The Judge

A tale for Easter… and again hearty wishes to you all.

The Judge took another puff on the cigarette he had lit after ‘asking permission’ from the individual in custody. Then he resumed interrogating the Sausage: “What were you doing in Mabley Street in the company of a Frankfurter, yesterday evening?” His question fell on dead silence.
The Sausage was covered with cold fat sweat. It wiped its wet forehead quickly and muttered in a trembling voice: “All I did was accept an invitation—”
“What kind of invitation?” pressed the Judge with his stern swine frown.
“An invitation … well, just an invitation—”. The Sausage felt a distressing surge of anxiety.
“I repeat the question once again. Answer this: What kind of invitation?”
The Sausage dropped its head, as if resigning itself to its inescapable end. “It was an invitation to the table.”
The Judge straightened up in his armchair. He grunted imperceptibly. “So, an invitation to the table.”
“Yes—” admitted the Sausage, while the first teardrop rolled down its rind.
“An invitation to the table … from a carnivorous entity, one must suppose.”
“Yes Your Honour, an invitation to the table from a carnivorous entity.”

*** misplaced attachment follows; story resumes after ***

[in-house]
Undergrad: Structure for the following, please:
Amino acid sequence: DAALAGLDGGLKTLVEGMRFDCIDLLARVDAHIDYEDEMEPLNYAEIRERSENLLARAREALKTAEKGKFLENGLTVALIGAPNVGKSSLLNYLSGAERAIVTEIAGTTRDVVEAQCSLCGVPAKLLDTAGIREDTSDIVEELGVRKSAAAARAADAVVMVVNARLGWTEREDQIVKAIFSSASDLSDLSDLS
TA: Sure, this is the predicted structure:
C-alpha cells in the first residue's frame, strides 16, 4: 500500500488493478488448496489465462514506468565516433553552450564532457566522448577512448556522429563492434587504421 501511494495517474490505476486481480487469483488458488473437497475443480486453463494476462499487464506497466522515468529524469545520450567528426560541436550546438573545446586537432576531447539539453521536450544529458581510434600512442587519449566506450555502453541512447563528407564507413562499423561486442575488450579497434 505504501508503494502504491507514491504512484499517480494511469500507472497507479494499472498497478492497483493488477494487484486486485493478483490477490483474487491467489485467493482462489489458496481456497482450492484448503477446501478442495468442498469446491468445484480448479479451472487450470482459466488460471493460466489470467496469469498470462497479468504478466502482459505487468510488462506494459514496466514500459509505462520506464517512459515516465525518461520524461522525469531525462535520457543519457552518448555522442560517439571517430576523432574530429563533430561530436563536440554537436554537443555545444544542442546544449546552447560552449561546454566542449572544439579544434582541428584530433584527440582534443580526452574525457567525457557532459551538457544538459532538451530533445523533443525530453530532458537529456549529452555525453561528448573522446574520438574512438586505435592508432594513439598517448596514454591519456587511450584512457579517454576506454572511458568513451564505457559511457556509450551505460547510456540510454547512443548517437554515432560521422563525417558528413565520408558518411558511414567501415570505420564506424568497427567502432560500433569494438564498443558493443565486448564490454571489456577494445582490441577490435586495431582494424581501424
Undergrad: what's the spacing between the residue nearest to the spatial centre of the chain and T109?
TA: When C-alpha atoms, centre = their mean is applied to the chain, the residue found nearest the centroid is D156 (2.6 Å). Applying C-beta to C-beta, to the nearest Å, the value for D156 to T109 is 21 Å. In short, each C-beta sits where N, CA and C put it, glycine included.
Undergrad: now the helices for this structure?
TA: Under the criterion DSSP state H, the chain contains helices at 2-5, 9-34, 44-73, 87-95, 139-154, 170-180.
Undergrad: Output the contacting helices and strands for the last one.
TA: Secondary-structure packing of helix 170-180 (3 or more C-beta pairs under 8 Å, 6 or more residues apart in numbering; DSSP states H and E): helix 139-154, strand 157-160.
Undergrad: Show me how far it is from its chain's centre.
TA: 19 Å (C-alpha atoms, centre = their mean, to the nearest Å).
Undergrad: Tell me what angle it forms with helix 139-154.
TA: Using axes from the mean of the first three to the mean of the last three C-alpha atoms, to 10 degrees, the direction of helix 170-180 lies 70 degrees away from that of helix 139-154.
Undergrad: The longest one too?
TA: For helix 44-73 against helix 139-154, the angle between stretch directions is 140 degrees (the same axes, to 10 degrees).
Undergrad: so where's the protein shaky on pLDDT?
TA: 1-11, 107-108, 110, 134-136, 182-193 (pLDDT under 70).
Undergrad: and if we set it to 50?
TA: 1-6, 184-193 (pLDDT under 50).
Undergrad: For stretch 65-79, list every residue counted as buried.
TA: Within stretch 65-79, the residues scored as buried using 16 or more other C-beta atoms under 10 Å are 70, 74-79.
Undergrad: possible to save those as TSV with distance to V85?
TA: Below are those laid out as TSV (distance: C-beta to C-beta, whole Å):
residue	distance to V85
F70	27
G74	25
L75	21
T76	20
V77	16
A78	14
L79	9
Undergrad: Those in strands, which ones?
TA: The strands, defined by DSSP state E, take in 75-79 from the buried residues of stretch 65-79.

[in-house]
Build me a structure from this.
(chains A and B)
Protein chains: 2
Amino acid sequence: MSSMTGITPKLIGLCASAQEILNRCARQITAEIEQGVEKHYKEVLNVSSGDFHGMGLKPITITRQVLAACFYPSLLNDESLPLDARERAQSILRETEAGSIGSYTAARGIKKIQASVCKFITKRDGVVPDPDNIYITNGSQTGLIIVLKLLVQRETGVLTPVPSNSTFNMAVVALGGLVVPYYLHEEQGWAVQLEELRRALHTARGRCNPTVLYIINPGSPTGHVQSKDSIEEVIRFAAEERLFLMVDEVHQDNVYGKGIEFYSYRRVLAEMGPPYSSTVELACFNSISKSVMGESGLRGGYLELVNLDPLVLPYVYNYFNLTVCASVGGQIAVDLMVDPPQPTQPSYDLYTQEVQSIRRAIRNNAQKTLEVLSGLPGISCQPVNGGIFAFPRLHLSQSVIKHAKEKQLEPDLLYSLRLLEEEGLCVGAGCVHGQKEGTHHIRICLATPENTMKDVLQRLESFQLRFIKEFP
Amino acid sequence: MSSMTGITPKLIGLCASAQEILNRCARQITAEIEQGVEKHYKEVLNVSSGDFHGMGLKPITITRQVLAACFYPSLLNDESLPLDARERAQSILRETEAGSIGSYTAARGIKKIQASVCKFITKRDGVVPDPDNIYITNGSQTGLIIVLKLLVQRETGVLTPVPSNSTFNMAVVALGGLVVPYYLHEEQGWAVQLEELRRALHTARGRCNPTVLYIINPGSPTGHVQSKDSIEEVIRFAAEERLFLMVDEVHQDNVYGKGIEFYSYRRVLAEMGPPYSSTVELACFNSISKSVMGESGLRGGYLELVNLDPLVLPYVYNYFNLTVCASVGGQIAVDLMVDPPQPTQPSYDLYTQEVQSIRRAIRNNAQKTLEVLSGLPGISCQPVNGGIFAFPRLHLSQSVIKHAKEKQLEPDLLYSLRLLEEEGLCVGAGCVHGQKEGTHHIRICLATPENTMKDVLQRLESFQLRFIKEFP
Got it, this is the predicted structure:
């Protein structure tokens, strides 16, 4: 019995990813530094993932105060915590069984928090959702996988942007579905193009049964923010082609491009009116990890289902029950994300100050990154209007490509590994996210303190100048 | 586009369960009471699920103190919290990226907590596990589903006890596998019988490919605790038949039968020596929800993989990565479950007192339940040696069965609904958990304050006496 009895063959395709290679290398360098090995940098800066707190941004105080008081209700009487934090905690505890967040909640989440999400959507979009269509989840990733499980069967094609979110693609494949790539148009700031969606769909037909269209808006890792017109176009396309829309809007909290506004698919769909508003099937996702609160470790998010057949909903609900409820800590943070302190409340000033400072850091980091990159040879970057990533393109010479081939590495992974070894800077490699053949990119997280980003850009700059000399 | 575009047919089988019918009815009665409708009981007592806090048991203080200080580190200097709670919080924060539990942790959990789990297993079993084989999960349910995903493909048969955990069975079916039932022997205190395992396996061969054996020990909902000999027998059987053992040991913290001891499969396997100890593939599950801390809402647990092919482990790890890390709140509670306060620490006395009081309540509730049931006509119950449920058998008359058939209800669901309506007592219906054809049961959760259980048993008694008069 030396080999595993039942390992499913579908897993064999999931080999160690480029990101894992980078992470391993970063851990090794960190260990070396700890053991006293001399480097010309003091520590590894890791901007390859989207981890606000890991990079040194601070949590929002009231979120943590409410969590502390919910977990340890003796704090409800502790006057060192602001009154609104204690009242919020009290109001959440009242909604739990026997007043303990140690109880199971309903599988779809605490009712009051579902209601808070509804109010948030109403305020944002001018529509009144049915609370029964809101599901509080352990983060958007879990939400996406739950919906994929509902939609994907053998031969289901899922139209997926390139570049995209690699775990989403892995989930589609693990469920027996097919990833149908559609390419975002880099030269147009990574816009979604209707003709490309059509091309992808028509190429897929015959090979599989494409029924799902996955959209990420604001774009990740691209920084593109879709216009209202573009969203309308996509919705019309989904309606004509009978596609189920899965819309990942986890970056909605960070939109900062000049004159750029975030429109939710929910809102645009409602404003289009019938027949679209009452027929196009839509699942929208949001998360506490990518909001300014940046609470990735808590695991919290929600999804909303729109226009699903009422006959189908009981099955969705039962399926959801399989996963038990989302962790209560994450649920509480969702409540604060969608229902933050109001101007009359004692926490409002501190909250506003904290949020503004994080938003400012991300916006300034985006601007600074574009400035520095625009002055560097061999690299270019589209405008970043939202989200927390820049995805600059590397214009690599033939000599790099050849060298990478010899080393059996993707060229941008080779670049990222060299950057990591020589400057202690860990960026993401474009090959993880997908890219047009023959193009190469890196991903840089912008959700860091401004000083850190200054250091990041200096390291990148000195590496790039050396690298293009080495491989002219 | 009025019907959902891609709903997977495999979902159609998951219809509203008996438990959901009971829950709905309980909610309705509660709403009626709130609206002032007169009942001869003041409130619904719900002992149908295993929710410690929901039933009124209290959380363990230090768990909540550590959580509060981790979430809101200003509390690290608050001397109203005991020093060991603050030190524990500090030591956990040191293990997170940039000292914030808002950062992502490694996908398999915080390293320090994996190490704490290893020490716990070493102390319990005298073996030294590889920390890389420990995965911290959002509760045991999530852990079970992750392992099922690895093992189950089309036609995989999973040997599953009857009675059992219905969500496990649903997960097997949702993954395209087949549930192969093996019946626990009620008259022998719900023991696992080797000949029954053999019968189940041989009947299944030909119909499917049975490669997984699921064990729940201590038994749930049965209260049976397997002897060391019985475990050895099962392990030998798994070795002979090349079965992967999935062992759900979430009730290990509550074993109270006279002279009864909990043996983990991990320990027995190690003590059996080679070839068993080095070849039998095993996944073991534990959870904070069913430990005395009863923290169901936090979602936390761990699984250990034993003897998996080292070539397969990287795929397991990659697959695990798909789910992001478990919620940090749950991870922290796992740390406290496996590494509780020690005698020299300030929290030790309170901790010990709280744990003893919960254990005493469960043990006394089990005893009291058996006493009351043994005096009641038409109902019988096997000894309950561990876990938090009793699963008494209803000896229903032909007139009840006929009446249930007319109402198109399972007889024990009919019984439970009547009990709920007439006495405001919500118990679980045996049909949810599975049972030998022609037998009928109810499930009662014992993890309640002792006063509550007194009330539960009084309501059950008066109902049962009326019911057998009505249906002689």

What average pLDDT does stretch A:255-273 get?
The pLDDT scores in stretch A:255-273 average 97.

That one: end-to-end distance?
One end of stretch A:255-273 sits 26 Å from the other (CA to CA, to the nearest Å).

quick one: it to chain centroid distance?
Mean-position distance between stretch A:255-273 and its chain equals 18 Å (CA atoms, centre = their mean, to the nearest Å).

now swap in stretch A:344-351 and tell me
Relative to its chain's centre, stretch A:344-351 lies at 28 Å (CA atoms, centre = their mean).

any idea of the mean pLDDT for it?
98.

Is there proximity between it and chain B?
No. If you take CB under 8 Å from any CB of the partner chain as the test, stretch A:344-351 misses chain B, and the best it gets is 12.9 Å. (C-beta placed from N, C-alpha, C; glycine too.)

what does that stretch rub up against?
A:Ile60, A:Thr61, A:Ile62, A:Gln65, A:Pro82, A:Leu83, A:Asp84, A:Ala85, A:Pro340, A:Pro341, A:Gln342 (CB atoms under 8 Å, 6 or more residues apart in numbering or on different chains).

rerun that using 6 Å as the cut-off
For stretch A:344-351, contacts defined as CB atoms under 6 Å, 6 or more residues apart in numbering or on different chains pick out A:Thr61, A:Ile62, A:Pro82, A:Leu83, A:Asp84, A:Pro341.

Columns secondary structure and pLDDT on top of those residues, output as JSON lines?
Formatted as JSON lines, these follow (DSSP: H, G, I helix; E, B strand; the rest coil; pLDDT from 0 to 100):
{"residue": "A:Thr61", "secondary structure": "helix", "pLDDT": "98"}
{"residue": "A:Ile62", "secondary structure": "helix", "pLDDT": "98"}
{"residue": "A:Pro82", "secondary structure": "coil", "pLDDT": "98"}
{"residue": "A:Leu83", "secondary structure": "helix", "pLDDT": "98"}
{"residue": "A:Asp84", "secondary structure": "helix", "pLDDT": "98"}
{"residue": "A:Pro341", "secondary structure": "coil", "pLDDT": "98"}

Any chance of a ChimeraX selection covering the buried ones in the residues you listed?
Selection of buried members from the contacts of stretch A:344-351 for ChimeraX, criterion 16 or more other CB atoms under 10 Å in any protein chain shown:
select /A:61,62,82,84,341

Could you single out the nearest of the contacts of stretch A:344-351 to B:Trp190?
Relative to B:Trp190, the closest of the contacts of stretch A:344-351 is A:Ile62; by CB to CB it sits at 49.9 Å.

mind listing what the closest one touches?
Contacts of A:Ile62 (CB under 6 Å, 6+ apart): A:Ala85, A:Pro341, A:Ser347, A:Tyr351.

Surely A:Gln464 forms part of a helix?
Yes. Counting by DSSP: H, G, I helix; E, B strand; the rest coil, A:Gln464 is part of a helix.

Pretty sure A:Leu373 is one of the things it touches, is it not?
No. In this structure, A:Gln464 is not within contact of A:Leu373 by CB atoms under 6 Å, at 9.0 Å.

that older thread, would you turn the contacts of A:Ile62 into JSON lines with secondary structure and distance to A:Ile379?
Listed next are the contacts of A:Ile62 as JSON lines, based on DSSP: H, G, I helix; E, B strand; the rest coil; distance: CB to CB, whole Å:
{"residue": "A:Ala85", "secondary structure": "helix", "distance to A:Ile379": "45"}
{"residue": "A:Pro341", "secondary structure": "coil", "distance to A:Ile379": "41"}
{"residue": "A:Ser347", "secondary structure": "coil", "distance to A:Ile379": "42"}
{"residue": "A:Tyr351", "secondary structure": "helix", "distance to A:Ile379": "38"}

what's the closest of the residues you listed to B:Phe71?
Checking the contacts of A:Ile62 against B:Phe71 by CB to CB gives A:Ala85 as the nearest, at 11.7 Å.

The pig, that is the Judge, made a cold gesture to the guard waiting for orders: “Take it back to the cell.”
When the guard had gone out with the Sausage, who was by now shaking with sobs, the Judge, that is the pig, got up and went to see himself mirrored in the window, which reflected everything with the evening’s darkness behind it.
As he contemplated himself in the improvised mirror, an overwhelming sense of admiration enraptured him.
“This is not a swine’s appearance,” he smilingly paid himself homage in a low deep tone. “A Judge is standing here in his high authority instead, a benefactor on the verge of receiving nationwide acclaim. But what do I see down there?” he suddenly gasped, and his snout turned pale.
Looking at a corner of the yard, he had noticed the presence of a pure white lily, which must somehow have eluded all controls.
“That li—” the words choked in his throat.
With his heartbeat going mad, he collapsed on the shiny polished floor. It was his last hour.
He did not even have time to call for help.
He died like that, like the swine he was.

Taken from Isidoro D’Anna, A Book of Curious Tales, CreateSpace, 2013. All rights reserved.
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